'Let the world not forget'
Prayer service marks Olympic bombing anniversary
ATLANTA (CNN) -- Some came to Centennial Olympic Park to remember a day that many would like to forget. Others came to heal bad memories. And still more came to remember the woman who died when a bomb exploded at last year's Summer Olympics.
"Let the world not forget Alice Hawthorne," a weeping John Hawthorne said of his wife during a Sunday prayer service led by Mayor Bill Campbell at the park.
The bomb injured 100 other people. A Turkish television cameraman, Melih Uzunyol, suffered a fatal heart attack while running to film the aftermath of the explosion.
A year later, the crime remains unsolved. Investigators leaked the name of a suspect -- Richard Jewell, a security guard who first spotted the backpack containing the bomb -- but later he was publicly cleared of all suspicion.
Authorities now think the Olympic Park bombing is linked to two later attacks in Atlanta -- the bombings of an abortion clinic and a gay nightclub.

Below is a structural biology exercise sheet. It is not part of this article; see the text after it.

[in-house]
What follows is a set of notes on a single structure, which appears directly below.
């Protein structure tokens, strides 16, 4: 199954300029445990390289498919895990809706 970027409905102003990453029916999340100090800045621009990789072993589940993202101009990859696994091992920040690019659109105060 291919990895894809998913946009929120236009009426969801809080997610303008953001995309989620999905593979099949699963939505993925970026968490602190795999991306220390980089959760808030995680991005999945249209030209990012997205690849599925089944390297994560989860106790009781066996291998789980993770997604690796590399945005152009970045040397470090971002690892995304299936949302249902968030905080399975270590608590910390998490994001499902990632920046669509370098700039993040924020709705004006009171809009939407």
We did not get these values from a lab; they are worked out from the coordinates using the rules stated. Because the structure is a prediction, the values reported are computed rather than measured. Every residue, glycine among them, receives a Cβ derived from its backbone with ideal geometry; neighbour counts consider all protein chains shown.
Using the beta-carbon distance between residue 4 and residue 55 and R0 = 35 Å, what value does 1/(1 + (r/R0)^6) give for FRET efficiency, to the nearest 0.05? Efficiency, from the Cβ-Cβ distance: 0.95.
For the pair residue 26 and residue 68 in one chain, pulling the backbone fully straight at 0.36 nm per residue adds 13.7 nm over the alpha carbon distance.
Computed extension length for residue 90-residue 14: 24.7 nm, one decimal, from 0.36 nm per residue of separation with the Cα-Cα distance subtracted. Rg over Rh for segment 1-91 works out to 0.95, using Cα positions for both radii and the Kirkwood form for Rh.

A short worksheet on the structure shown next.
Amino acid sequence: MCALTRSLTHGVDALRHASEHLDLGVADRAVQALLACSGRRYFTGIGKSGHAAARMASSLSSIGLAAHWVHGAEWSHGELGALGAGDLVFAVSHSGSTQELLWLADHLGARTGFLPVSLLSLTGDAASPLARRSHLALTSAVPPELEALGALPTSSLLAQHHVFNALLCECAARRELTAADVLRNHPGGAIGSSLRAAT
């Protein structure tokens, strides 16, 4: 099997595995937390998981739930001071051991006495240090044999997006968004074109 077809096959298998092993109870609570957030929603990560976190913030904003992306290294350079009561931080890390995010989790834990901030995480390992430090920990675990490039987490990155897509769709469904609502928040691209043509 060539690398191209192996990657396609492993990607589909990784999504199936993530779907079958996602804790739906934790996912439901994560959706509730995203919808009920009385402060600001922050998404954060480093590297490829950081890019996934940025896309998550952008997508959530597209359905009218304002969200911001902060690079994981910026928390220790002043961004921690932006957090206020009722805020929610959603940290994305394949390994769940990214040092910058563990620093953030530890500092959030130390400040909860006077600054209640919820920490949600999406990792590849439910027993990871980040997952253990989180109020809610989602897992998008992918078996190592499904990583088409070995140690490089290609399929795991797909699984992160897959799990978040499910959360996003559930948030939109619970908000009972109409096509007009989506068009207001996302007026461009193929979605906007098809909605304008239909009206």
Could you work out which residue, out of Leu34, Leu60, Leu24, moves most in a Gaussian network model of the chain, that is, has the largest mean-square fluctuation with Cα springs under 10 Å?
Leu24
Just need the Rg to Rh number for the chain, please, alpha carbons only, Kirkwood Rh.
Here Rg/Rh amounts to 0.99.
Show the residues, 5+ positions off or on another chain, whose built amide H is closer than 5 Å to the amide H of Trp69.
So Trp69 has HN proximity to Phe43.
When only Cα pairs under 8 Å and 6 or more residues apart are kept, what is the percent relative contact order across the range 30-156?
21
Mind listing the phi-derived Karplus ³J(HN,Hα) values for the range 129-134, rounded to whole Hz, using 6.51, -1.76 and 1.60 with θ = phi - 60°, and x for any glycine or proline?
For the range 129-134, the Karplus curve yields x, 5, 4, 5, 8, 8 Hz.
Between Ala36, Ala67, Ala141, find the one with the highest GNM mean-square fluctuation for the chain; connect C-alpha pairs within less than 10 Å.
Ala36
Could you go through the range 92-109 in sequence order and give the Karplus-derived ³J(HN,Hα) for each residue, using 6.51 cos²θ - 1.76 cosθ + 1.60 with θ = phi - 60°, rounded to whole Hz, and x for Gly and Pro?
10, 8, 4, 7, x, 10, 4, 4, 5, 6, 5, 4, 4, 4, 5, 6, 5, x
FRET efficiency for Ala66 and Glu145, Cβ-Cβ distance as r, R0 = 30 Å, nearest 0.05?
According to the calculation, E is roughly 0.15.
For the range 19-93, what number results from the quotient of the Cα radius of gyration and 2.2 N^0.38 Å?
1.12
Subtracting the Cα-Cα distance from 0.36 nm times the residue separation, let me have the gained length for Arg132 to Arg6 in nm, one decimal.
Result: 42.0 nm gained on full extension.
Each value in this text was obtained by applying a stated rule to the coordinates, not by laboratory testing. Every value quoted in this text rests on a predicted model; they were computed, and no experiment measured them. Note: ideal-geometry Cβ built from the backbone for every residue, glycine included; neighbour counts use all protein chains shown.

Among those who gathered at Sunday's service was Alice Hawthorne's daughter, Fallon Stubbs. Mrs. Hawthorne had brought the 14-year-old to a rock concert at the park as a pre-birthday treat.
"Time has taken away some of the pain," said the teen, who was hit by flying shrapnel during the bombing and plans to undergo cosmetic surgery to repair the damage.
"It's really hard today ... to be here. But it looks real nice," she said of the park.
Hours earlier, at 1:20 a.m. -- the exact time when the bomb went off a year ago -- a man placed candles at the bomb site.
Ron Jones of Palo Alto, California, was in the park at the time of the bombing and said he did not want the victims to be forgotten.
Jones also put up signs in the park. They read: "To the Olympic Park bomber, please surrender."
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